Through Phase Four, all incumbent judges will continue to be cross-designated so they can serve in any trial court in Maryland. Regardless of phase, judges shall be available to report in person or to serve remotely as determined by their administrative judge.
Search warrants will be addressed 24-hours a day, 7-days a week, in all phases. Search warrants will be handled electronically, if at all possible. Administrative judges will assign a judge to cover search warrant duty for specific timeframes.
Filing Court Documents
- In Person. Beginning in Phase Three (July 20), documents not required to be filed electronically may be filed in person at clerk’s offices.
- MDEC. The Maryland Electronic Courts (MDEC) may still be used for electronic filing. If you are in a county that does not yet use MDEC, you may continue to use MDEC for appellate filings through October 4.
- Virtual Drop Box. Non-MDEC jurisdictions (Baltimore City, Montgomery, and Prince George’s Counties) may still make “virtual drop boxes” available for filings through Phase Four.
- Other Filings Not Required to be Electronic. Individuals may still file documents via mail or using physical drop boxes when permitted.
Grand Juries, Jury Trials, Jury Service, and Trial Deadlines
Grand Juries May Resume. Grand juries were previously suspended due to the COVID-19 health emergency. Administrative judges may, at their discretion, resume convening grand juries. New grand juries may be created. Grand juries that were already convened may be extended by the administrative judge.
Criminal Jury Trials May Be Rescheduled to Begin after October 5. Criminal jury trials that were scheduled to begin on or after March 16 were previously suspended due to the health emergency. Those criminal jury trials may resume. Trial dates will be scheduled beginning October 5, 2020, or later.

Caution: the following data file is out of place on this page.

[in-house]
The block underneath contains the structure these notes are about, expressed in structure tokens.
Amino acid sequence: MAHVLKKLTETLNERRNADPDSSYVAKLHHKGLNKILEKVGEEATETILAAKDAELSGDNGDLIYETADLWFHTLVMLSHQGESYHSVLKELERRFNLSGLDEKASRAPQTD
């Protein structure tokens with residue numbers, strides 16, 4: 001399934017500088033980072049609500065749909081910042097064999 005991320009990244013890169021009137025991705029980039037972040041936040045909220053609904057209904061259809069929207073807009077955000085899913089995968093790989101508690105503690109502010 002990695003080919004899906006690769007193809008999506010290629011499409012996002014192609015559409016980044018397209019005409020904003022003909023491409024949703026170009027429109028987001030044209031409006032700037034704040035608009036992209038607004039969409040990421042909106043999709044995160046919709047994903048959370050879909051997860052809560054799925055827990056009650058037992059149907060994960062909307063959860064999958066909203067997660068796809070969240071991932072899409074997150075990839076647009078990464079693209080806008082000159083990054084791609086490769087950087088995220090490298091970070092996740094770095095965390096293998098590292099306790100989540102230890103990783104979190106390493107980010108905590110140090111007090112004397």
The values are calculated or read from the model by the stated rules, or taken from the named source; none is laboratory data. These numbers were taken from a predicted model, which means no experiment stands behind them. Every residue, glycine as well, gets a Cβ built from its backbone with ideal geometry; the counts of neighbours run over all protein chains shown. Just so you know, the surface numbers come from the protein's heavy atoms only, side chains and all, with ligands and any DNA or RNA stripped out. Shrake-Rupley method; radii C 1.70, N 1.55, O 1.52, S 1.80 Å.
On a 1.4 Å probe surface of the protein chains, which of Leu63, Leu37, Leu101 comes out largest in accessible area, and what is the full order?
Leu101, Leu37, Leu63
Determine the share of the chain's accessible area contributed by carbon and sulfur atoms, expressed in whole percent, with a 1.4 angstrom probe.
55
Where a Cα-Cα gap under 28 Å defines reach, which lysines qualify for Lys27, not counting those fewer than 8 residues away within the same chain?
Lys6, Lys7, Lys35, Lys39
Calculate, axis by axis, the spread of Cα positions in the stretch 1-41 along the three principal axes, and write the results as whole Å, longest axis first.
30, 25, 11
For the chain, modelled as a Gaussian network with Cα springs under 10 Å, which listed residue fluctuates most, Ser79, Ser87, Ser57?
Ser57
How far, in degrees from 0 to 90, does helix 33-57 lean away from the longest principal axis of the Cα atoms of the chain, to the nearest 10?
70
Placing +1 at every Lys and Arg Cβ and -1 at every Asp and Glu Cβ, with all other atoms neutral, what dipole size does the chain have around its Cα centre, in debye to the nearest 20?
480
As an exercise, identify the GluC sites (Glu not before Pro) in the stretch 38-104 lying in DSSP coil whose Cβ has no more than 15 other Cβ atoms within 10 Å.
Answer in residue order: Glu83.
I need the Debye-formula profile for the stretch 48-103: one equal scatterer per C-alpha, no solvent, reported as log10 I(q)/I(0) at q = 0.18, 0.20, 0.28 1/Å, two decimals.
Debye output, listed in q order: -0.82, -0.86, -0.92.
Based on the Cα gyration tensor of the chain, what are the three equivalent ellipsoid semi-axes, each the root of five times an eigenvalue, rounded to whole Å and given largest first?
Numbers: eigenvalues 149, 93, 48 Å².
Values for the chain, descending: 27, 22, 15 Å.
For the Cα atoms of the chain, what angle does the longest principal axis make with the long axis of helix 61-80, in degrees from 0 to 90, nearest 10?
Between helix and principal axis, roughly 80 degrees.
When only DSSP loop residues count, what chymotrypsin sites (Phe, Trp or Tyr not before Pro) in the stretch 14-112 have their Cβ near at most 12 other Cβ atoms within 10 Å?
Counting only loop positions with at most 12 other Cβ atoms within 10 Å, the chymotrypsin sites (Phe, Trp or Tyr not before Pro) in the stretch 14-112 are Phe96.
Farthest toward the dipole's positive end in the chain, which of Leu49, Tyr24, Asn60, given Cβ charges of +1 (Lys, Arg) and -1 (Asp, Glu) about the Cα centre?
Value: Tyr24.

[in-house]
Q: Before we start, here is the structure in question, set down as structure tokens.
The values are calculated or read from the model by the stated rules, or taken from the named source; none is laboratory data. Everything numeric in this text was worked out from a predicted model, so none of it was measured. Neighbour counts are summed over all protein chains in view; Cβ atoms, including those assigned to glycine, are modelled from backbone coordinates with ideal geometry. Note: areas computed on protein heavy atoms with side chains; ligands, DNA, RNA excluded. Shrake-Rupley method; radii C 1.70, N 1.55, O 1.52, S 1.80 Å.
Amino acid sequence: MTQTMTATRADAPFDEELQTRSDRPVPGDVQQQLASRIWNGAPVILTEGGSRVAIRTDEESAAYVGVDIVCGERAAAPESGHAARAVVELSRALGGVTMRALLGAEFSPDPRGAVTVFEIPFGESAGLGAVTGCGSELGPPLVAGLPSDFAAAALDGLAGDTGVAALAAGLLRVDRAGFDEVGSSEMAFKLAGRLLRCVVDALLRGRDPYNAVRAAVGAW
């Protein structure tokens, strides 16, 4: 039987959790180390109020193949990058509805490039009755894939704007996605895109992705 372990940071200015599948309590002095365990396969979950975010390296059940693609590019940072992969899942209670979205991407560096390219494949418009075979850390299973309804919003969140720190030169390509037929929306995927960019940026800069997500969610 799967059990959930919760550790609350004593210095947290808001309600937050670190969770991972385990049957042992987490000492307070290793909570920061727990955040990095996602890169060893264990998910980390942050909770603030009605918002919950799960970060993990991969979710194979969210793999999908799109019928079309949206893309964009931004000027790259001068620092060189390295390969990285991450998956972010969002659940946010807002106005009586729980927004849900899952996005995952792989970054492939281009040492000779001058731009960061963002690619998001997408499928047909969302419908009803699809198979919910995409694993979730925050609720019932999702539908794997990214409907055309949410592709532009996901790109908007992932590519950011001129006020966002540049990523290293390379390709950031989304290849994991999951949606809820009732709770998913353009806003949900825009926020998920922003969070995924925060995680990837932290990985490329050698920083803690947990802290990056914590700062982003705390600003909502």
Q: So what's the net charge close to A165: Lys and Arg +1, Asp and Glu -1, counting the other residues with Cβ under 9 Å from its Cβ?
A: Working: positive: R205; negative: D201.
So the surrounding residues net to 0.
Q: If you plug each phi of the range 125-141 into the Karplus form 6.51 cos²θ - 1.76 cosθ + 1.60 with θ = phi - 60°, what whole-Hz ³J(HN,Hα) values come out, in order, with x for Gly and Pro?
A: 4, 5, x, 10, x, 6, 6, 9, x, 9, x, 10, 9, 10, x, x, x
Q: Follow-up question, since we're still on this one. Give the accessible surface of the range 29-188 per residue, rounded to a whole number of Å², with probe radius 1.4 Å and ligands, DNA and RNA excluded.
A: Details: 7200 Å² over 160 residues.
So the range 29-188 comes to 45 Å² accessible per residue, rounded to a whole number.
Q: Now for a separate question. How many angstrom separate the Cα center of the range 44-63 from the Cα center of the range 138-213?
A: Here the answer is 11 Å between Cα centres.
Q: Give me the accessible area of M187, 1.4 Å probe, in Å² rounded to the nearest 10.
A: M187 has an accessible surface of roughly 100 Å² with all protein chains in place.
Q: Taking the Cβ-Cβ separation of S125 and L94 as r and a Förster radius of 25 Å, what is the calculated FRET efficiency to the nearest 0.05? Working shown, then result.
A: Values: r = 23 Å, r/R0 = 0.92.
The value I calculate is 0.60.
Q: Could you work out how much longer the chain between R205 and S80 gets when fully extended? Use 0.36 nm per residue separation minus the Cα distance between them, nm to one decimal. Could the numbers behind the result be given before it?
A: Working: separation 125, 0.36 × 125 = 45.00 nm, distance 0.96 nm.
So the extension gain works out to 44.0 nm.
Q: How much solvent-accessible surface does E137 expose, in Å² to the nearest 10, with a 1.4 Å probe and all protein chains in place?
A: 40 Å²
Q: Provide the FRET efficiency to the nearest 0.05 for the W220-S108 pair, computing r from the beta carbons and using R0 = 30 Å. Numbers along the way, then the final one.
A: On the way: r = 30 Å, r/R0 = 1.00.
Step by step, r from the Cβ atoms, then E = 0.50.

Civil Jury Trials May Be Rescheduled to Begin after October 5. Civil jury trials that were scheduled to begin on or after March 16 were previously suspended due to the health emergency. Those civil jury trials may resume. Trial dates will be scheduled beginning October 5, 2020, or later.
Petit Jury Service May Resume October 5. Maryland citizens may again be summonsed for petit jury service beginning October 5, 2020.
Jury Trials Originally Scheduled Between October 5 and December 31. Previously scheduled jury trials set to begin between October 5 and December 31, 2020, may proceed as scheduled. Criminal trials and other urgent matters may, however, be given priority at the discretion of the administrative judge.
Deadline for Offering Jury Trials to Defendants Extended. An earlier order stated that deadlines established by Maryland law or court rules regarding when criminal matters must be heard in state court were tolled or suspended effective March 16 by the number of days the courts are closed. This means that days that jury trials could not be offered to defendants due to the COVID-19 health emergency do not count against the time remaining for the start of a criminal jury trial. The deadline for holding criminal jury trials will be suspended for an additional 30 days after jury trials resume on October 5, 2020, and ending on November 4, 2020, for cases that were pending trial on March 12, 2020.
For example, suppose in a particular case there were two days remaining for the time of a jury trial on March 12, 2020. When jury trials are permitted to resume October 5, 2020, the case would have two days remaining on that date, plus an additional 30 days. This will give circuit courts an opportunity to conduct status hearings and reschedule jury trials as appropriate.
Deadline for Preliminary Hearings in Criminal Matters Extended. For criminal cases pending or begun on March 16, 2020 through July 30, 2020, the deadline to conduct preliminary hearings shall be August 30, 2020.
Deadlines for Court Actions and Statutes of Limitations